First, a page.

I think everyone has commented on this Bloomberg article, Wall Street Bonus Withdrawal Means Trading Aspen for Coupons. People making six figures take a 20% hit to their bonus and all hell breaks loose. Example:
“People who don’t have money don’t understand the stress,” said Alan Dlugash, a partner at accounting firm Marks Paneth & Shron LLP in New York who specializes in financial planning for the wealthy. “Could you imagine what it’s like to say I got three kids in private school, I have to think about pulling them out? How do you do that?”
Fun stuff. Two things stand out.
1. Subtle rentier logic in the background. Like Josh Mason, I was flabbergasted that Carmen Reinhart told Institutional Investor that “Financial repression is manifesting itself right now” alongside the notion that financial repression is like “the rape and plunder of pension funds.” The idea that owners of financial capital are lovely savers who deserve low inflation, high interest rates and predictable, passive income regardless of there being 8%+ unemployment is beyond me. But I also caught that the article says that “Reinhart is the toast of economic circles these days” for speaking out on financial repression. Who is the audience?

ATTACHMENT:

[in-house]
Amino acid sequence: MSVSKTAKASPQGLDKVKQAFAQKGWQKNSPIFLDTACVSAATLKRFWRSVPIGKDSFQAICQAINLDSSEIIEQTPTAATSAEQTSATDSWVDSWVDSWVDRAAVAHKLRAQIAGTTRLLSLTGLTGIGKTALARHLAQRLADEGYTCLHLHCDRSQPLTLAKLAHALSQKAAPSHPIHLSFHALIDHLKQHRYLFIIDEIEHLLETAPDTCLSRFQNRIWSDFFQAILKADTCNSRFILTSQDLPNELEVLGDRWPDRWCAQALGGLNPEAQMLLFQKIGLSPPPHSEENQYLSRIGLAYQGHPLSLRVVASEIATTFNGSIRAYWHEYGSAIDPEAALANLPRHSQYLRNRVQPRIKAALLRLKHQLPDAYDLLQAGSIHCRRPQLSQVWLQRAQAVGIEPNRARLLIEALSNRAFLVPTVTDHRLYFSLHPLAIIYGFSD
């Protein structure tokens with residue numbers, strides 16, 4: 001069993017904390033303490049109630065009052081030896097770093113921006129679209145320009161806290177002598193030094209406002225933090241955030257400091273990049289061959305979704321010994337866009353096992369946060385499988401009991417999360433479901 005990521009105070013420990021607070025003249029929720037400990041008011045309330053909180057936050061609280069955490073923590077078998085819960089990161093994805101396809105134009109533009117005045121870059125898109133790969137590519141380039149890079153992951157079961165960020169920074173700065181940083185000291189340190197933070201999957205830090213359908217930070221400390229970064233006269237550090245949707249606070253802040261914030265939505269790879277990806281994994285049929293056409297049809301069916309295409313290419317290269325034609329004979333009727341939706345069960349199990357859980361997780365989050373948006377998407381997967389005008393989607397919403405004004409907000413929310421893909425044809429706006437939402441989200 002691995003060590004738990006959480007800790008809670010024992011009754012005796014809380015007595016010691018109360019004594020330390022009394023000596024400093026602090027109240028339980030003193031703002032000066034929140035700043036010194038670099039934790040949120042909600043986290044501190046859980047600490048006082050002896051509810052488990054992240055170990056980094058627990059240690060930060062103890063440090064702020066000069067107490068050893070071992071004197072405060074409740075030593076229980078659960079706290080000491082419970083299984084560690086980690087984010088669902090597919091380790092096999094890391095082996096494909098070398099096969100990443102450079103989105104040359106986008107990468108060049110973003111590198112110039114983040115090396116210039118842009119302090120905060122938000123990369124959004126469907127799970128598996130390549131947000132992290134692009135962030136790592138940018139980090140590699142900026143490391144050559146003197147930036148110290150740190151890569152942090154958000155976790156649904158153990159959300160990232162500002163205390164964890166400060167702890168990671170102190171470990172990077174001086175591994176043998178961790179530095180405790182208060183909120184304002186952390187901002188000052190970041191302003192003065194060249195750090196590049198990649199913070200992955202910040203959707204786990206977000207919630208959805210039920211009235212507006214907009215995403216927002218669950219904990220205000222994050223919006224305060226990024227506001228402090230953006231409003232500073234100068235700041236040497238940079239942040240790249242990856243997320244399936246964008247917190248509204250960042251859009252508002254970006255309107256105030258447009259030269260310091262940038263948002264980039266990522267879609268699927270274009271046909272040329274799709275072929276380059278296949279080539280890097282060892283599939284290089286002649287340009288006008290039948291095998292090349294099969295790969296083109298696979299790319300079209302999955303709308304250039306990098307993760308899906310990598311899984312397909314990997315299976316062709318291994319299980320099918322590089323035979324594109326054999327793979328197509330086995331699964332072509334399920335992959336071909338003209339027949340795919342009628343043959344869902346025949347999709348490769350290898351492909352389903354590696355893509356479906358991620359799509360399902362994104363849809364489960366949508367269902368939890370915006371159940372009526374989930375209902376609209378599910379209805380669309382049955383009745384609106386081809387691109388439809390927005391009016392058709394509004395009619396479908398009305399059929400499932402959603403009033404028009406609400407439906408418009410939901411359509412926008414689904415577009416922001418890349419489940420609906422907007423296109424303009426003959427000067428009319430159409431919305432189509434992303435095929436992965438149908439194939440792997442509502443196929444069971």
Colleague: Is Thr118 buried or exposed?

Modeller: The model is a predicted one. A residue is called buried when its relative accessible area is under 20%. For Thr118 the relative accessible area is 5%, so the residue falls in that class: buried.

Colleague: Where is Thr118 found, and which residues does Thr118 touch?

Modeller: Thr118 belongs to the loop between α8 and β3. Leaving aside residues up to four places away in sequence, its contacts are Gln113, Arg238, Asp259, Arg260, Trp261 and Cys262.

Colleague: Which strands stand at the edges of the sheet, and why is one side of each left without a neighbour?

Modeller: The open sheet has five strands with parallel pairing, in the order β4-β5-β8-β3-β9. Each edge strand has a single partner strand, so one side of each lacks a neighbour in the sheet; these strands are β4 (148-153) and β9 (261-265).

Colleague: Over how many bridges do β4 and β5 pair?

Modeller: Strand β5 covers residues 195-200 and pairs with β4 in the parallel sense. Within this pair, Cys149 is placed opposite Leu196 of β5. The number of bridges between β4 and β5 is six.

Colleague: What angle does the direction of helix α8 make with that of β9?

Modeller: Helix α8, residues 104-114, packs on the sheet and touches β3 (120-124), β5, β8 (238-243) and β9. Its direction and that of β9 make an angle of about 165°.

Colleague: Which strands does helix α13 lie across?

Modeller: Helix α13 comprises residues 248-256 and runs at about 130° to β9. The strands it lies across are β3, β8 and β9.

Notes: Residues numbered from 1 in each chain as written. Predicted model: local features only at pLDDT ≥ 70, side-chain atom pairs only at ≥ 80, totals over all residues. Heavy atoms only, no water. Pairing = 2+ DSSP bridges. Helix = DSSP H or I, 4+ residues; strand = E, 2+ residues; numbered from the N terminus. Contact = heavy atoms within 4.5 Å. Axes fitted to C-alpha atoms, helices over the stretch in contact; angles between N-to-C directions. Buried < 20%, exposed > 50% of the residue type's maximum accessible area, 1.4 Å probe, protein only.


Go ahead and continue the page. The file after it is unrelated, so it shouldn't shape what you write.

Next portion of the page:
Two quick, subtle points in the Bloomberg article about the frustrations, rage and sadness of financial elites in the 1% and monetary policy:
Andrew Schiff was sitting in a traffic jam in California this month after giving a speech at an investment conference about gold…
[the hedge fund manager described] a feeling of “malaise” and a “paralysis that does not allow one to believe that generally things are going to get better,” listing geopolitical hot spots such as Iran and low interest rates that have been “artificially manipulated” by the Federal Reserve.
Good to see everyone in the financial 1% is blaming expansionary monetary policy (and lack of a gold standard) for their troubles. What do they believe they deserved in a Great Recession?
2. Bonus culture. Notice how people both feel that they (a) deserve their bonus and (b) budget their fixed expenses and lifestyle as if they are going to get their bonus. Is there any wonder you see so many people not report problems or actively “race to the bottom” in terms of ethics? Their salary is managed in such a way that they can’t leave easily, and that there’s always a not-so-subtle mechanism for pulling away a full year’s compensation at a moments notice. There’s a lot written on how the bonus culture caused fraud and problems at the front-lines of the securitization channels – I’d like to see more about how it functions among the financial 1%.